According to the U.S. Bureau of Labor Statistics, one in nine Americans works in sales. Every day more than fifteen million people earn their keep by persuading someone else to make a purchase.
But dig deeper and a startling truth emerges: Yes, one in nine Americans works in sales. But so do the other eight.
Whether we’re employees pitching colleagues on a new idea, entrepreneurs enticing funders to invest, or parents and teachers cajoling children to study, we spend our days trying to move others. Like it or not, we’re all in sales now.
To Sell Is Human: The Surprising Truth About Moving Others offers a fresh look at the art and science of selling. As he did in Drive and A Whole New Mind, Daniel H. Pink draws on a rich trove of social science for his counter-intuitive insights. He reveals the new ABCs of moving others (it’s no longer “Always Be Closing”), explains why extroverts don’t make the best salespeople, and shows how giving people an “off-ramp” for their actions can matter more than actually changing their minds.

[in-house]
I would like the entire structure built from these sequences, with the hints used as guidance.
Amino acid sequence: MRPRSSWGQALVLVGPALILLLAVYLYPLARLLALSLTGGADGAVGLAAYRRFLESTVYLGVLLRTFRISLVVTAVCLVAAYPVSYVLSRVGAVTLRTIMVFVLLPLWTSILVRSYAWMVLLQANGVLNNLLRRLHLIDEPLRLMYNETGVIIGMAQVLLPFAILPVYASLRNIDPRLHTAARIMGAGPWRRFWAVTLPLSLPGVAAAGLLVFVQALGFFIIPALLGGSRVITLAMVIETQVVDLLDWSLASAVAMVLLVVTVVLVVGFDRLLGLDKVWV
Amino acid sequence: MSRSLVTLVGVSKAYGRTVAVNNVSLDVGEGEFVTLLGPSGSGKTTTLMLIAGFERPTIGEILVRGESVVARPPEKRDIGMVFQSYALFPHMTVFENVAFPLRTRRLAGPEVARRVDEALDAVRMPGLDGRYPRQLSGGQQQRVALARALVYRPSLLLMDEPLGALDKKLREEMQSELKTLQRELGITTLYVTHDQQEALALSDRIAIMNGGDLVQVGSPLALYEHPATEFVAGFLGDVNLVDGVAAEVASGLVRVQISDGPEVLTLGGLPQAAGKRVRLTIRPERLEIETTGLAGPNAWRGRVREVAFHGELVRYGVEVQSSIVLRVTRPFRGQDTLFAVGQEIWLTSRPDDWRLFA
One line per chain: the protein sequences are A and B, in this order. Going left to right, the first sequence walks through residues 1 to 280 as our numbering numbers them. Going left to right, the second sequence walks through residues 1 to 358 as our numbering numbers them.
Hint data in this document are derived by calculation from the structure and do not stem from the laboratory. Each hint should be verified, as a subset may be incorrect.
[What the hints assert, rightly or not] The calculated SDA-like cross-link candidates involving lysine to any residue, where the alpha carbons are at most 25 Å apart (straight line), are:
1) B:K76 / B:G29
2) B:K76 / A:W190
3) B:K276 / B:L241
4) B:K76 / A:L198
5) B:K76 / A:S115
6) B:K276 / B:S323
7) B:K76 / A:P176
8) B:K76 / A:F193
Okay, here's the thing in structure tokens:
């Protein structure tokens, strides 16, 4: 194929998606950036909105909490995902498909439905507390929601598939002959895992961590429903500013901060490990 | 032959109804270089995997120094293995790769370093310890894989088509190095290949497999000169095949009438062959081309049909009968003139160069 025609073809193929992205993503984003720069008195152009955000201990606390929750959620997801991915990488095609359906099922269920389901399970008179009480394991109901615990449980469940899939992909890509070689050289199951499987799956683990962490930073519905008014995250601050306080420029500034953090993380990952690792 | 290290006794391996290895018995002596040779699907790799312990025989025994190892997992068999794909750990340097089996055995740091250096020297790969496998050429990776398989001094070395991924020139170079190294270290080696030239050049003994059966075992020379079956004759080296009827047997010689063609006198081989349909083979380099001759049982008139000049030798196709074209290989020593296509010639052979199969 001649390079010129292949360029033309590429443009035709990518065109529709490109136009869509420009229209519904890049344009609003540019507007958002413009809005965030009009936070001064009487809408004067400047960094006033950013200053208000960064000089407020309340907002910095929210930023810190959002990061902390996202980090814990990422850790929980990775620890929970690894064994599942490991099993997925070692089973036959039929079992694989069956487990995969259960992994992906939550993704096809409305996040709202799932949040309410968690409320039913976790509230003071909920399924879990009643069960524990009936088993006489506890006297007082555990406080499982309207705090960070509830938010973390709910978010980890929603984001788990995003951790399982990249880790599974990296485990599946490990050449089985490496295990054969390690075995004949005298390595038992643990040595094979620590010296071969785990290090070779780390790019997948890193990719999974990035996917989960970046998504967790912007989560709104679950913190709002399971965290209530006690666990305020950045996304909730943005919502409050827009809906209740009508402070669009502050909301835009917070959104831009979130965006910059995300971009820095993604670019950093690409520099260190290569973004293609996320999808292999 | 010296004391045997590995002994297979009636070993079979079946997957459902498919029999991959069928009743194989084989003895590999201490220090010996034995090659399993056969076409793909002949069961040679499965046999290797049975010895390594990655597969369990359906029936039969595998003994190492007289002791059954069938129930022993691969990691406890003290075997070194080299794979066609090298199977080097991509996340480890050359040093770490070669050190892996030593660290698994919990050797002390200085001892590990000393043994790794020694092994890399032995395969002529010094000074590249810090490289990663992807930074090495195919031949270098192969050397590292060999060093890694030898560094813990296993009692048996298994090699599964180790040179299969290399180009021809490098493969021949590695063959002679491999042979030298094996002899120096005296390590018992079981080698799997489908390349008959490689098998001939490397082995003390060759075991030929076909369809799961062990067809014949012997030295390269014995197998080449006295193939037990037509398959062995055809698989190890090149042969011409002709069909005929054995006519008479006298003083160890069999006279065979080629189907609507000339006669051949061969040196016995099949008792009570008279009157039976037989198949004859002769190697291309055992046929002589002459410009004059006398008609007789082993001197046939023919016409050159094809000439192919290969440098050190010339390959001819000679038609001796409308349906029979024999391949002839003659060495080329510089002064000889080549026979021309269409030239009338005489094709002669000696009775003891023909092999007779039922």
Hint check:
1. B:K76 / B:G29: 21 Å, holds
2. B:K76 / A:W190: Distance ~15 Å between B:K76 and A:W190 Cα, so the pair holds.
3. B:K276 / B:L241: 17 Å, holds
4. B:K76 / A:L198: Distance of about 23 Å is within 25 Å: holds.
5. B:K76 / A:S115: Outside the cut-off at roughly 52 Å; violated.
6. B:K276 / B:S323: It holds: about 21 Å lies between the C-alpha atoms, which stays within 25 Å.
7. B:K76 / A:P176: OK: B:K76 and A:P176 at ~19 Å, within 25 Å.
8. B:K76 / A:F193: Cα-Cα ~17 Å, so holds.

Along the way, Pink describes the six successors to the elevator pitch, the three rules for understanding another’s perspective, the five frames that can make your message clearer and more persuasive, and much more. The result is a perceptive and practical book–one that will change how you see the world and transform what you do at work, at school, and at home.